The city of Goose Creek is working to save the small businesses that City Council members say make up the fabric of the community.
“The pandemic was no one’s fault, but everyone is still suffering the consequences from it,” said Economic Development Director Matt Brady. “It’s also truly much more efficient to try and assist and save a business than to go out and recruit new ones.”
To help those still struggling, the city has set aside $250,000 of unassigned fund balance — money the Goose Creek City Council has saved over time for rainy days — and created a citywide loan program called Kickstart the Creek.
The city is being strategic in helping businesses that are uniquely situated in the town versus aiding someone who owns various franchises of a restaurant and has access to larger resources, Brady said.
“Small businesses are what make the community unique and special,” he said.
Brady added that at this time last year, no one knew what would happen, but by summer, the city began thinking internally about ways to help small businesses.
Like so many other cities and organizations during the pandemic, Goose Creek turned to Charleston LDC for help. Together they established Kickstart the Creek loans and the loan process. LDC is a not-for-profit community development lender that has worked with borrowers throughout Charleston, especially those who may not have access to traditional capital and more prominent loans.
To apply for a Kickstart the Creek loan, small businesses must have 25 or fewer employees and operate in Goose Creek. The loan is to be used for working capital.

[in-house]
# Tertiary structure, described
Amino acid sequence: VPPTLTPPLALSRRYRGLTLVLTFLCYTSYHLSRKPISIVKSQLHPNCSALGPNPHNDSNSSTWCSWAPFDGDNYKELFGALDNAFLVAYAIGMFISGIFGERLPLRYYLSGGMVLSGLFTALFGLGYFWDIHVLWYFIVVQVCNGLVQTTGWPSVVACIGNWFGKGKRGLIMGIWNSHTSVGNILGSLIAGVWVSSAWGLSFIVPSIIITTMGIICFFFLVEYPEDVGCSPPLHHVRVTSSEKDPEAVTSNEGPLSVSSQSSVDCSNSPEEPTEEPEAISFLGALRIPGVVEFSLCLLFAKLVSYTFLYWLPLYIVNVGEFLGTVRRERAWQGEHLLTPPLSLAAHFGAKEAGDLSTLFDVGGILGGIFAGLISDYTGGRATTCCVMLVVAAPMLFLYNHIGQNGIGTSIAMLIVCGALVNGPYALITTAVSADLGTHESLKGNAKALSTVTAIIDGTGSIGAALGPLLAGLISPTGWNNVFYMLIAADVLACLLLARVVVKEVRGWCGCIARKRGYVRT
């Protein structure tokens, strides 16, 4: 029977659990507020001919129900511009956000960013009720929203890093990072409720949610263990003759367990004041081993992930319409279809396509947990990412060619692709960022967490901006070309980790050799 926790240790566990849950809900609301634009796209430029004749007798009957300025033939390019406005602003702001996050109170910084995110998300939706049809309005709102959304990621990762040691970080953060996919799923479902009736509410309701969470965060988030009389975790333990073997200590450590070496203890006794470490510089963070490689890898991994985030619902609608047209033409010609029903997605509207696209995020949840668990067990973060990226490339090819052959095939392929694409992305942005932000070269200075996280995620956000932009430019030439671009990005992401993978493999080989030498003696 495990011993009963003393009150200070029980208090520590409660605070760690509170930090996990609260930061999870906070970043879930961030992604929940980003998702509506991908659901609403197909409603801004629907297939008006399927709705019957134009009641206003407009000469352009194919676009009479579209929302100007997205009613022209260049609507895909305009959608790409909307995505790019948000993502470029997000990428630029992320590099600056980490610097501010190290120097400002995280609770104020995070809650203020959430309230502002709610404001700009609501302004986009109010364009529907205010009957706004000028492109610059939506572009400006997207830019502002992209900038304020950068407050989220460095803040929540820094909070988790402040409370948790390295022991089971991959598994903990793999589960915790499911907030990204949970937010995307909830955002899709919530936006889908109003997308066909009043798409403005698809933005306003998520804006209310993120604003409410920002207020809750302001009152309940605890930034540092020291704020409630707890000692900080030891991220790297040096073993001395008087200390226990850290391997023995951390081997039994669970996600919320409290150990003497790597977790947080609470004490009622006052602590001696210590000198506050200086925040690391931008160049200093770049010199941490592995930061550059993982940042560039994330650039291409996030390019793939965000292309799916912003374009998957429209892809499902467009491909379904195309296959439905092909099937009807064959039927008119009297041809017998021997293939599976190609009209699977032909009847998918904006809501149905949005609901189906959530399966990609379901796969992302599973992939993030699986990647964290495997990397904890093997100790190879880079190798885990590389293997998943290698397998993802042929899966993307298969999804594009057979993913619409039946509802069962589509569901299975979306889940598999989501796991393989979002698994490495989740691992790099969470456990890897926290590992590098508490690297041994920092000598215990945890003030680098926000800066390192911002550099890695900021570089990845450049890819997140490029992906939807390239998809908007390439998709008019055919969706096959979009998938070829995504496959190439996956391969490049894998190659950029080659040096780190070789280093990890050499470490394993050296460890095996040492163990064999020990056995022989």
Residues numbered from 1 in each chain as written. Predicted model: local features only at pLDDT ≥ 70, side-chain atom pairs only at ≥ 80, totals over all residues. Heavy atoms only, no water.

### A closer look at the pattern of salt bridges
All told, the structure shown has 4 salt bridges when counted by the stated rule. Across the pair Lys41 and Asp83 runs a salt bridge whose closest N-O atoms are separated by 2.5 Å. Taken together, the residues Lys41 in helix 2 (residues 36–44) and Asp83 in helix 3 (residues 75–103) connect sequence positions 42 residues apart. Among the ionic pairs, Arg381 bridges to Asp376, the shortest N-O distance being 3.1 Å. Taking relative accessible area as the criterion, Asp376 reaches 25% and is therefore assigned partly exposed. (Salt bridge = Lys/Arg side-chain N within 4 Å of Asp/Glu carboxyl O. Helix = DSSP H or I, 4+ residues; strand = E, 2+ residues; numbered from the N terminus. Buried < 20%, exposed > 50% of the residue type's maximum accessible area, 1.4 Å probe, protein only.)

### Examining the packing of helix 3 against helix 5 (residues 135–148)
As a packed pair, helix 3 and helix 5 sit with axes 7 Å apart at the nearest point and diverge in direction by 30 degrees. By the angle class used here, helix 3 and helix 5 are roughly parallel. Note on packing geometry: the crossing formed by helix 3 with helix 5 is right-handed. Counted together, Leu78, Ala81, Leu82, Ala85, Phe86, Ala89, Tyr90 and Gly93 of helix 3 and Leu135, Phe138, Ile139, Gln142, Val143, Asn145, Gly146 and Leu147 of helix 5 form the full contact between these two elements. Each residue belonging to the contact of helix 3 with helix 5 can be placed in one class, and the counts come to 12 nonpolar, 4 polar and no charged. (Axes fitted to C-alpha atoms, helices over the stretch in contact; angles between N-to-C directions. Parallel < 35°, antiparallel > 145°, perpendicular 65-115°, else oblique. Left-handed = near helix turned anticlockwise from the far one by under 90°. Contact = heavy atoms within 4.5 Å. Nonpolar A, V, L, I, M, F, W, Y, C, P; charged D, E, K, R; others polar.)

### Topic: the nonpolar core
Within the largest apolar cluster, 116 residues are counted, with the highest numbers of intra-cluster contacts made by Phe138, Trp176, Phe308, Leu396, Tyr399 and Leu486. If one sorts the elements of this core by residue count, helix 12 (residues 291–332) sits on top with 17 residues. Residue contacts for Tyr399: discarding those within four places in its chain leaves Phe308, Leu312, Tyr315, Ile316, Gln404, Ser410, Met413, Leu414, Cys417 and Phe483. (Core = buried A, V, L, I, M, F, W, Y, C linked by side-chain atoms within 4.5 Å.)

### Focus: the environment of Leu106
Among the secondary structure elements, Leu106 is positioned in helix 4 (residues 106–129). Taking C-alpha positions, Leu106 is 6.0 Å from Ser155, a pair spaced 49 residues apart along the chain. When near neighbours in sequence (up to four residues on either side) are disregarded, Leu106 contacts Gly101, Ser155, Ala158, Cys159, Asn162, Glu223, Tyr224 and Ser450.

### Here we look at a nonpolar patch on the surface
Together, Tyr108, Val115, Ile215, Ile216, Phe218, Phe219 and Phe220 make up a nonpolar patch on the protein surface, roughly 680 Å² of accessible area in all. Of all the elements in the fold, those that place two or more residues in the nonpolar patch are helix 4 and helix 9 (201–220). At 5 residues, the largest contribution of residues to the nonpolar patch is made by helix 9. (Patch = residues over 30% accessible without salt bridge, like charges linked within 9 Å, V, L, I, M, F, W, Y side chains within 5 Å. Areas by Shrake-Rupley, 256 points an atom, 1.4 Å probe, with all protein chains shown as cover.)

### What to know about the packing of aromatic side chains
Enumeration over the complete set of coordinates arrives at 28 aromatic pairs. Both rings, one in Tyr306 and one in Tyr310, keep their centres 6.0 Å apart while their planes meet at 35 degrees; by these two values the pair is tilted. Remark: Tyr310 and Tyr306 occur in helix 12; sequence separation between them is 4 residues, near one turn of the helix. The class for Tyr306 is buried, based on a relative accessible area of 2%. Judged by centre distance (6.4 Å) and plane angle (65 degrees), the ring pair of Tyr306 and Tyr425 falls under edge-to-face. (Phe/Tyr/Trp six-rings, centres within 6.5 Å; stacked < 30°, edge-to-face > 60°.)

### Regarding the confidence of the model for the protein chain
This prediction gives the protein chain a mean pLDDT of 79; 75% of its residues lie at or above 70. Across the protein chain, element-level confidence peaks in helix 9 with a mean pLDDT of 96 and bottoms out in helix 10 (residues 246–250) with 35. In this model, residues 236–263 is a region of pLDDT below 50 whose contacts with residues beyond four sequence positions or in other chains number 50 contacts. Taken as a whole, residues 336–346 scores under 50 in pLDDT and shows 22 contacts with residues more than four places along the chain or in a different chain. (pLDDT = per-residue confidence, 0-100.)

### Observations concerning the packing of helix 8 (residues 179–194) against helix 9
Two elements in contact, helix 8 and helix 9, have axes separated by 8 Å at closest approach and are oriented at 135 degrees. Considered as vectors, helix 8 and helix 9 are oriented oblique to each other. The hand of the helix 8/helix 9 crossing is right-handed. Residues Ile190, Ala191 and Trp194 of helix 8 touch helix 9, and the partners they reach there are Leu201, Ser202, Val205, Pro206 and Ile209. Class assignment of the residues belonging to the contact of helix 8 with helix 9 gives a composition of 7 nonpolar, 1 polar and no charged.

“Once we are all pretty assured and satisfied that the pandemic is over from a business perspective, we’ll reevaluate what we can do with this program and how those funds can be set aside and help other businesses moving forward,” Brady said.
Turning Page owner Valinda Miller has been a voice for small businesses, especially female and minority owned, throughout the pandemic.
Miller owns a bookshop in Goose Creek, which employs one other person. Simultaneously, she works a full-time job to help make ends meet as her revenue as decreased throughout the pandemic. Loans have been hard to come by, she said, and many take significant time to process. She still hasn’t heard back from two grants she applied for in November and December.
“I can’t wait and depend on these grants and loans, so I am still working my full-time job and getting a part-time job. I don’t mind working. I don’t mind working five jobs,” she said. “I’m not going to get in deeper debt and get behind on anything. I’m going to keep going.”
Miller has always dreamed of opening her own bookstore, and while times have been tough with closures, losing employees and pivoting her business plan, she’s also learned that much more about being a business owner. With Kickstart the Creek, she has to keep in touch with the Charleston LDC, provide profit and loss statements and attend business classes intended to help her business thrive.
Over the past few months, Miller received $3,000 from the second round of the Paycheck Protection Program in October, and a recent $1,000 from Lowcountry Local First.
One amazing silver lining is that because of the various connections Miller made during the Goose Creek loan process, she has received several inquiries from people who want to help her expand.
But she doesn’t want to depend on loans and grants, especially as she hopes to open a second store in the near future. Aside from the Kickstart the Creek loan, she is debt-free as she operates her business on cash.
“You can’t let something knock you down that you have no control over,” she said. “This pandemic came out the blue. You cannot give up and I am not giving up for nobody. My mother, my grandmother would have said we didn’t raise you like that. You got knocked down? Go cry in the corner, and now get up, let’s go.”